Those were the first words out of my mouth when I heard the repeated honking of the far-off car. Not â€˜honkâ€™, but â€˜barkâ€™. Yes, a little Freudian slip, but thatâ€™s exactly what we do when we repeatedly hit our horn. Weâ€™re simply barking, and itâ€™s not an effective form of communication. One hard jab can prevent a near accident, but the continual jabs just express anger. They seldom have any impact other than to make us feel that our irate voices have been heard.
I think thereâ€™s a better way.
In Los Angeles, we spend countless hours stuck behind the wheel of our cars, so we actually do need a method to communicate with others sharing the road. Why have we settled for one restrictive sound for all these years? Of course, in our ingenuity, we find ways to expand the language of the horn honk. The gentle tap means, â€œI donâ€™t want to upset you, but, uh, the light has changed, so could you please go.â€ Succinctly, this mode contains a â€˜please.â€™
The accident-avoiding honk is rightfully strident and aggressive. It either appears in the form of a harsh thrust onto the horn or the alternative of the long, drawn-out wail of a frightened hand bonding with the steering wheel. Your subconscious usually makes the choice depending upon how freaked out you are.
Then thereâ€™s the â€˜Let-me-tell-you-how-I-feel-after-the factâ€™ honk. The incident has passed, and we turn to our horn simply to vent our disgust with the offending driver. Perhaps he cut us off. We safely avoided a collision, but we want to criticize his driving and let him know how pissed we are. If we have the opportunity to pass this driver, we add a scowl and hope for humiliating eye contact. â€œThatâ€™ll show â€˜em,â€ we congratulate ourselves.
No one wants to end up behind a driver honoring the speed limit, a number clearly selected to incite road rage. You feel as if youâ€™re crawling like a snail, which inevitably leads to your being late, for you never factored in a law-abiding citizen. We start with the polite horn tap, but if the driver doesnâ€™t pick up the pace, we escalate to the â€˜I-hate-youâ€™ honk. If you succeed in passing this driver and see that itâ€™s a little old lady or man hunched over the wheel straining to see and comprehend road hazards, you may feel guilty. However, indignation quickly replaces the guilt. â€œThey shouldnâ€™t be driving if theyâ€™re that old!â€ you tell yourself, and then you realize that one day youâ€™ll be that old and living in a city with a horrendous public transit system. You decide you better start hoarding your money so that you can afford a driver for when your eyesight and reflexes start to fail you.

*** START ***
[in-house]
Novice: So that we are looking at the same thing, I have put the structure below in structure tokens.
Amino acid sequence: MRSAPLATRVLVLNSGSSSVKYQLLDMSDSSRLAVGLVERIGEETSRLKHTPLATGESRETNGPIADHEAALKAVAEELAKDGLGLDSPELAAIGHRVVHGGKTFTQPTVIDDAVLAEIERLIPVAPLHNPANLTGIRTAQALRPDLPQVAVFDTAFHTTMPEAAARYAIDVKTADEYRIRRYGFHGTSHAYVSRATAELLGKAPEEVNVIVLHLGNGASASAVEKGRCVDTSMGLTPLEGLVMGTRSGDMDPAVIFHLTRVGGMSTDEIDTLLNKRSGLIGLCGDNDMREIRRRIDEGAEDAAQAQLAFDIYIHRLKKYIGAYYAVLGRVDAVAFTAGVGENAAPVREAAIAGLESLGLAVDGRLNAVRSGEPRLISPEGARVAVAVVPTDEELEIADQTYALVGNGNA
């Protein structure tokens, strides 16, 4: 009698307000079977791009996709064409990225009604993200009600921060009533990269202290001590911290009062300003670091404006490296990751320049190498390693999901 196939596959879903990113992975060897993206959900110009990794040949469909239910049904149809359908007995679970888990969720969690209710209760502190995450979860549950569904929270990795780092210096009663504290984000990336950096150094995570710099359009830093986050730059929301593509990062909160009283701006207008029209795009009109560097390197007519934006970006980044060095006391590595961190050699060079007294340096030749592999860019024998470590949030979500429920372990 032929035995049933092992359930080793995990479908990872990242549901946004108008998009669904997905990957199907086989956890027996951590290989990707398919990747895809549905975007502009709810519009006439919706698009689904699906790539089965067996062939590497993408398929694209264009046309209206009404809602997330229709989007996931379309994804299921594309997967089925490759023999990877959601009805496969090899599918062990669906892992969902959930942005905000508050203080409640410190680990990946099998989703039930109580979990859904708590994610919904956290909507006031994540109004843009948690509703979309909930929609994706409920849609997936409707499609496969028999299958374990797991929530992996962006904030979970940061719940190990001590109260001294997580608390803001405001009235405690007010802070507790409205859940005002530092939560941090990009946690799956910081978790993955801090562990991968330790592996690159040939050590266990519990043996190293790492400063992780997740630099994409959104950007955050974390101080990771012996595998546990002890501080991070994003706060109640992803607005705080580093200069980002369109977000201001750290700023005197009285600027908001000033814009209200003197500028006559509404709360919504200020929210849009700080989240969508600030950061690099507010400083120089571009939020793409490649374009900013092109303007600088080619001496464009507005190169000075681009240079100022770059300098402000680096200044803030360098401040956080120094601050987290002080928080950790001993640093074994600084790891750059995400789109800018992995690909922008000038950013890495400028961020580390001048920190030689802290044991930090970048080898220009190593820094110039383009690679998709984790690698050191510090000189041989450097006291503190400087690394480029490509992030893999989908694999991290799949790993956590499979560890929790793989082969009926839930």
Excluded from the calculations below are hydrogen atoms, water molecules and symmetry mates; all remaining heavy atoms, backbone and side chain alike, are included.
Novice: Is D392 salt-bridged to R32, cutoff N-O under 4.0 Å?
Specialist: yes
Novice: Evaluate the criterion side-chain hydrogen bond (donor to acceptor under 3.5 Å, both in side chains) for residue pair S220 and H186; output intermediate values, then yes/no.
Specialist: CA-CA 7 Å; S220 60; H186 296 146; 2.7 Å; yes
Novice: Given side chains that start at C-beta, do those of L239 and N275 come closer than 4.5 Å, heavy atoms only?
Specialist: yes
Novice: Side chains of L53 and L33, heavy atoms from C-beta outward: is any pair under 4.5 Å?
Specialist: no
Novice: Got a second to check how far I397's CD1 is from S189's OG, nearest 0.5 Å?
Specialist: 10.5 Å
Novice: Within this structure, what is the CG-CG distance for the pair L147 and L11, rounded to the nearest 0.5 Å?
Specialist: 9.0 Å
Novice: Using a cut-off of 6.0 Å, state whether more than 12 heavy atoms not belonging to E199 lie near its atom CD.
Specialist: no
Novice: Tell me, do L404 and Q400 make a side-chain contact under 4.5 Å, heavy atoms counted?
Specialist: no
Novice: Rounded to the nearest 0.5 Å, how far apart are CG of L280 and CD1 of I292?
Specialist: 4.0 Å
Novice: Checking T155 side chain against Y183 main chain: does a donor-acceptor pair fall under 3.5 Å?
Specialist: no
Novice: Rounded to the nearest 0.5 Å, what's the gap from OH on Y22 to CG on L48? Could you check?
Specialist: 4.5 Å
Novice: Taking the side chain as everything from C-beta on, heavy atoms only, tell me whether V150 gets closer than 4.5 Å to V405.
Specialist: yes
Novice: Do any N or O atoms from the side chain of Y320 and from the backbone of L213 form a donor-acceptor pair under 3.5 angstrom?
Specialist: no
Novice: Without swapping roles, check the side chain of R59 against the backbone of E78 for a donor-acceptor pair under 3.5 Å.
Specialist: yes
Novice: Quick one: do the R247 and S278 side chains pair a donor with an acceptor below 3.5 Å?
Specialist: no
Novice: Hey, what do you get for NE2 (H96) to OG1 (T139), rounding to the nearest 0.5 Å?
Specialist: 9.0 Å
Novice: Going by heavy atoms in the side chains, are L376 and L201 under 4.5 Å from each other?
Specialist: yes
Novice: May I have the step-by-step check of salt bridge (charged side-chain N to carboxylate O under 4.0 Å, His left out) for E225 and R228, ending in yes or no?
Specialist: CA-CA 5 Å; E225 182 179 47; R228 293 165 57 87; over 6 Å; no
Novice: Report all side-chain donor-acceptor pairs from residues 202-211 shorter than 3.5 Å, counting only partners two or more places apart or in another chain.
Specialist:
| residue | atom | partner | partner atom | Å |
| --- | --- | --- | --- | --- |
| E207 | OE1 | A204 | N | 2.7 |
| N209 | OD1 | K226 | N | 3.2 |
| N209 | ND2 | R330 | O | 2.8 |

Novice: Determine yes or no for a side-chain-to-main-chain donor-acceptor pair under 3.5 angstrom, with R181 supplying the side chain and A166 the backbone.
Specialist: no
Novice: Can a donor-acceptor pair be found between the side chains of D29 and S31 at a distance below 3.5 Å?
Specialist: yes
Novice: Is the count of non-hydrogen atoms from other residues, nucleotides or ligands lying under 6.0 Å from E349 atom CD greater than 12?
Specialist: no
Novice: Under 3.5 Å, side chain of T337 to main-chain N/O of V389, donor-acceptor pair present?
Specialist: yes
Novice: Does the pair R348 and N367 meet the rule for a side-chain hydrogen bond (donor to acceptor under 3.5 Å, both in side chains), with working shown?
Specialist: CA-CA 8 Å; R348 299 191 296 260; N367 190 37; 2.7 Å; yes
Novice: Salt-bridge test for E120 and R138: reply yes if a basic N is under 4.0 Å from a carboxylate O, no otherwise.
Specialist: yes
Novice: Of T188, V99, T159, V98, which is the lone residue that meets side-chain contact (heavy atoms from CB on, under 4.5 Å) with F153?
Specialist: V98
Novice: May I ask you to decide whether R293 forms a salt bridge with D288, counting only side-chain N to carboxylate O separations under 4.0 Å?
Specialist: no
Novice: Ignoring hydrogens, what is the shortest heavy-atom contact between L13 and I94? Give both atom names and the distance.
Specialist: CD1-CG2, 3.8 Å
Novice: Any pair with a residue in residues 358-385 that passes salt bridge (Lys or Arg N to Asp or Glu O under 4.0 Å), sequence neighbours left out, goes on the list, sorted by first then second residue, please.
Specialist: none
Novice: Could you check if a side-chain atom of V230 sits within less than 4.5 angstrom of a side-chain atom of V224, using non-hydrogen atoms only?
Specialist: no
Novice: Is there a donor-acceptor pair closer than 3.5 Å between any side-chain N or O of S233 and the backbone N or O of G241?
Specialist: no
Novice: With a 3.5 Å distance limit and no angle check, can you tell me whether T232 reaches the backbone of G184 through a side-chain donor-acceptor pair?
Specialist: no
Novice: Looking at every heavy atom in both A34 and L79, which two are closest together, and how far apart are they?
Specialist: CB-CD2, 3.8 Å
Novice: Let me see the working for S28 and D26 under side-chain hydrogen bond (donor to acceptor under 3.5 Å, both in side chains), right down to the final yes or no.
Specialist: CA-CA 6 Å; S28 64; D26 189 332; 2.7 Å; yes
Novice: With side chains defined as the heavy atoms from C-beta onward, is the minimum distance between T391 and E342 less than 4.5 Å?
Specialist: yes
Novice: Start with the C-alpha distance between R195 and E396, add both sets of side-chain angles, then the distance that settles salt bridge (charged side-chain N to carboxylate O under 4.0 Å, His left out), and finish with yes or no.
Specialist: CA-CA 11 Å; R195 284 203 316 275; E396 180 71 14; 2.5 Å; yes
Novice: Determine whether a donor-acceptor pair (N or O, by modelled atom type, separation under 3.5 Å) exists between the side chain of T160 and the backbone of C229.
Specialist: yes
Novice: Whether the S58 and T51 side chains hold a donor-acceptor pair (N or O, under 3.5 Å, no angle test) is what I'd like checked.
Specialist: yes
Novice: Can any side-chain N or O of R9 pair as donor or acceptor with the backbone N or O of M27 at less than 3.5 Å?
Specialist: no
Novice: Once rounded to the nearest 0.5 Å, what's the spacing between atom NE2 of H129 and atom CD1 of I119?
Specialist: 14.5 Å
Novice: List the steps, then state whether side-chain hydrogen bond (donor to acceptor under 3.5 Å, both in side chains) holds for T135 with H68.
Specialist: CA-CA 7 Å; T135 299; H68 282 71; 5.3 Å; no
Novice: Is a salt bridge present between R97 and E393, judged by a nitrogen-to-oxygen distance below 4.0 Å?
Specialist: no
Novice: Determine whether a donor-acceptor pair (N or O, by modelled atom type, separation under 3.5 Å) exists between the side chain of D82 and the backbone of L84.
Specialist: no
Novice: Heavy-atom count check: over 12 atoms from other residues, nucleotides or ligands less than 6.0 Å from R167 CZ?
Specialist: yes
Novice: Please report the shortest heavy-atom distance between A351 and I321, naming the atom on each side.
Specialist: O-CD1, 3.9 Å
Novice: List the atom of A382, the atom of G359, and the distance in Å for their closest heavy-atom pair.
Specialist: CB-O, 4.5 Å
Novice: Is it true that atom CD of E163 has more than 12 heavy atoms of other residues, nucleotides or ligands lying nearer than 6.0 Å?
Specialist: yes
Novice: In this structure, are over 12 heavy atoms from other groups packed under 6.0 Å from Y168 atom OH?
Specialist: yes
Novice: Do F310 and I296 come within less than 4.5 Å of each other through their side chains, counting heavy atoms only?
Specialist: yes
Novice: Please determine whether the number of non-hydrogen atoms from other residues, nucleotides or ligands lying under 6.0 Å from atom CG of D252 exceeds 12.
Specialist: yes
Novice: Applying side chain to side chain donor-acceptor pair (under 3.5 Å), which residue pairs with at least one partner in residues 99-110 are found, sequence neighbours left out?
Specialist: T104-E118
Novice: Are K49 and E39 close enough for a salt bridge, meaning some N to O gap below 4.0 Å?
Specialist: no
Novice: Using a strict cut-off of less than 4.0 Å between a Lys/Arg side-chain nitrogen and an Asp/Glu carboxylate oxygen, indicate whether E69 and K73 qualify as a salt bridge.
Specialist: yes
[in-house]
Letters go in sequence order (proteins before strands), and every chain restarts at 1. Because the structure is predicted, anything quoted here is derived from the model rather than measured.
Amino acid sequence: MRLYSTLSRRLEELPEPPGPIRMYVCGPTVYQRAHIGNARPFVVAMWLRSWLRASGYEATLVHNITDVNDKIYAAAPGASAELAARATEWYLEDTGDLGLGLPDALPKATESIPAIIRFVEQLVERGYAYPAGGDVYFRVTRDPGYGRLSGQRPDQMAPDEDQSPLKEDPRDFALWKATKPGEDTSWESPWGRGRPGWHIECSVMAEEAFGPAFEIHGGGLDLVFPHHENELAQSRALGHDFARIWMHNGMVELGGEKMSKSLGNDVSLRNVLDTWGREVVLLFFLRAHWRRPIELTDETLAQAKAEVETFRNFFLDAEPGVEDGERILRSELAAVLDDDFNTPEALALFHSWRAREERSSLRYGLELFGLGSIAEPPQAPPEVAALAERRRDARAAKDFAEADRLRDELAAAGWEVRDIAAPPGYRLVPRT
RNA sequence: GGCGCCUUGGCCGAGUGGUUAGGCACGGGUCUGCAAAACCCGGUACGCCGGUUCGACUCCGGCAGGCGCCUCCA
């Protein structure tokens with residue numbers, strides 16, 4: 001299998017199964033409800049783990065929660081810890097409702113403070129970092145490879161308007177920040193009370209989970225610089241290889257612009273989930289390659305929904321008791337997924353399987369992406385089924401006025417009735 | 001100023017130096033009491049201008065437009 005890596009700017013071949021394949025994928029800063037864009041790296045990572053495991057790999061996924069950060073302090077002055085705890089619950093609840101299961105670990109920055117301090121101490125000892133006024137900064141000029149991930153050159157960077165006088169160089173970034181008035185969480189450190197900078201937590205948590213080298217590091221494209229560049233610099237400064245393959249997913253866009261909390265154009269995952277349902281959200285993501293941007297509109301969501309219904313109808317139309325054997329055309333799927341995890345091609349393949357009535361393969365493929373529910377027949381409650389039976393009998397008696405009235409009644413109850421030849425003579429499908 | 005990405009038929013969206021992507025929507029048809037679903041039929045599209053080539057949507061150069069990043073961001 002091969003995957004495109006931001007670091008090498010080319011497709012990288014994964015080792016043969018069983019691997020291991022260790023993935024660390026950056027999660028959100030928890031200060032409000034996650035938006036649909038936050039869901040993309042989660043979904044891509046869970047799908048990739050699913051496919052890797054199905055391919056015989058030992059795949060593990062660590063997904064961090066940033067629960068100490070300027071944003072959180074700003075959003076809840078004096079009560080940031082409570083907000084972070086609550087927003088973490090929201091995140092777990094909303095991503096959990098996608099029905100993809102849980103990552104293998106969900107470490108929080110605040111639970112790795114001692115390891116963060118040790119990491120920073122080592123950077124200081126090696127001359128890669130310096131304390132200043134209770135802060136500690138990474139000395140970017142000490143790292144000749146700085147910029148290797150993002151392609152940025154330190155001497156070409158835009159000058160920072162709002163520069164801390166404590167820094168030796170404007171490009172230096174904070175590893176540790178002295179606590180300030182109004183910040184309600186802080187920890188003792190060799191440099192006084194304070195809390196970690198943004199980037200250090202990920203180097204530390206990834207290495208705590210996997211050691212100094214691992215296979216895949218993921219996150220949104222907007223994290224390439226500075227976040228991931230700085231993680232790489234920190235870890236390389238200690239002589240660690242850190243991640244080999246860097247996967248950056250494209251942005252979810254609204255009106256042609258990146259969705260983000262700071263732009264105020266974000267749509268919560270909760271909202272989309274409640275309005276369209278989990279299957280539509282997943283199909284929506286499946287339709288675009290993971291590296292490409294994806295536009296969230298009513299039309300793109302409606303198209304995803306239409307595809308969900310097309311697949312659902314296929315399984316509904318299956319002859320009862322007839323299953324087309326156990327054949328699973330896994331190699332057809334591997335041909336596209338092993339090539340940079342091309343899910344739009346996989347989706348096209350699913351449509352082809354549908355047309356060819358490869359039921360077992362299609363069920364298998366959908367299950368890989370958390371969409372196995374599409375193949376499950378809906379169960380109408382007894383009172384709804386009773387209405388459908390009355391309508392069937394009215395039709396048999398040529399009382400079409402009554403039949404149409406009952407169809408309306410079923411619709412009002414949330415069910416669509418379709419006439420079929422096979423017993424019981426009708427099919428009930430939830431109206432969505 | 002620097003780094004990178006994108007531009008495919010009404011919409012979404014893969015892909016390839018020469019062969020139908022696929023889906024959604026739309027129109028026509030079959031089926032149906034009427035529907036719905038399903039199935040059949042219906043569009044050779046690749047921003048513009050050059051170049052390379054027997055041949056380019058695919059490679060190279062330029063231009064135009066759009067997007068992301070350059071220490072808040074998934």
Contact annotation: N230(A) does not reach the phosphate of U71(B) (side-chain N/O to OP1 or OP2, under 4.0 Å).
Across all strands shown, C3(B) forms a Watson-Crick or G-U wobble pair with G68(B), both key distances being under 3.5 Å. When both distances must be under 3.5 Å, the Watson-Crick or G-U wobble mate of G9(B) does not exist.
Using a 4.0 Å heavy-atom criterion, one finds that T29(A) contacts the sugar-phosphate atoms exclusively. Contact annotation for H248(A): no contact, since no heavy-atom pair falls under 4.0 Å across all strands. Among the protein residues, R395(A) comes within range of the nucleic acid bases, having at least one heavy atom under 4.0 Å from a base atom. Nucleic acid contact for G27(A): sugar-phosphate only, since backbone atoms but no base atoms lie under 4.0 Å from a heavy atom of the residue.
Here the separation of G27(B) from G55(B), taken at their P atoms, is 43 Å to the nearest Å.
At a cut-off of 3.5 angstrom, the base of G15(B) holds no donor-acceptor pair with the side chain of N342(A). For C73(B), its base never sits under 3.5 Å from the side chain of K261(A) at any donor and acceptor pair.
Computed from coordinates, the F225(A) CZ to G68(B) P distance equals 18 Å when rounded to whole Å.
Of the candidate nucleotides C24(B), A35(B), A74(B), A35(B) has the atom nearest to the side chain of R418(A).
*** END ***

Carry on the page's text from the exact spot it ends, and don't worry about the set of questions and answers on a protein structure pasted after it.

Another rage-inciting driver is the one who refuses to use his turn signal as if he canâ€™t be bothered. The potent response here is the mighty middle finger. Horn honking doesnâ€™t work.
The â€˜I-hate-youâ€™ category extends to include drivers absorbed on their cell phones, eating breakfast, applying make-up, and shaving. A newly added group is drivers navigating their iPods. L.A. drivers attempt far too much in their cars, but given that we now move through the city at a painfully slow pace we have little choice. The number of vehicles occupying our roads is escalating like mating gerbils. L.A. natives over the age of thirty tearfully reminisce about fond childhood memories when everything was â€œtwenty minutes away.â€ Now we choose our friends by their geographic viability. â€œYes, I love you, but you live in Pasadena. The friendship is doomed.â€
Today cars have navigational systems, DVD players, game system hook ups, but no effective way to communicate with those stuck for endless hours on the road alongside us. If we can have differentiating ring tones on our cell phones, why not assorted horn honks for our cars? It would be like learning a new language, which should silence the critics who rant about how monolingual Americans are. We can all learn car talk. No more gentle tapping to say hello to a friend two lanes over, not when that message can easily be mistaken by the driver ahead of us as â€œMove, please.â€
A honk for every occasion. Now thatâ€™s something I could get behind.
WORLD - AN EDGE IN MY VOICE
Copyright © 2010 Deborah Zeitman
Copyright © 2010 Deborah Zeitman
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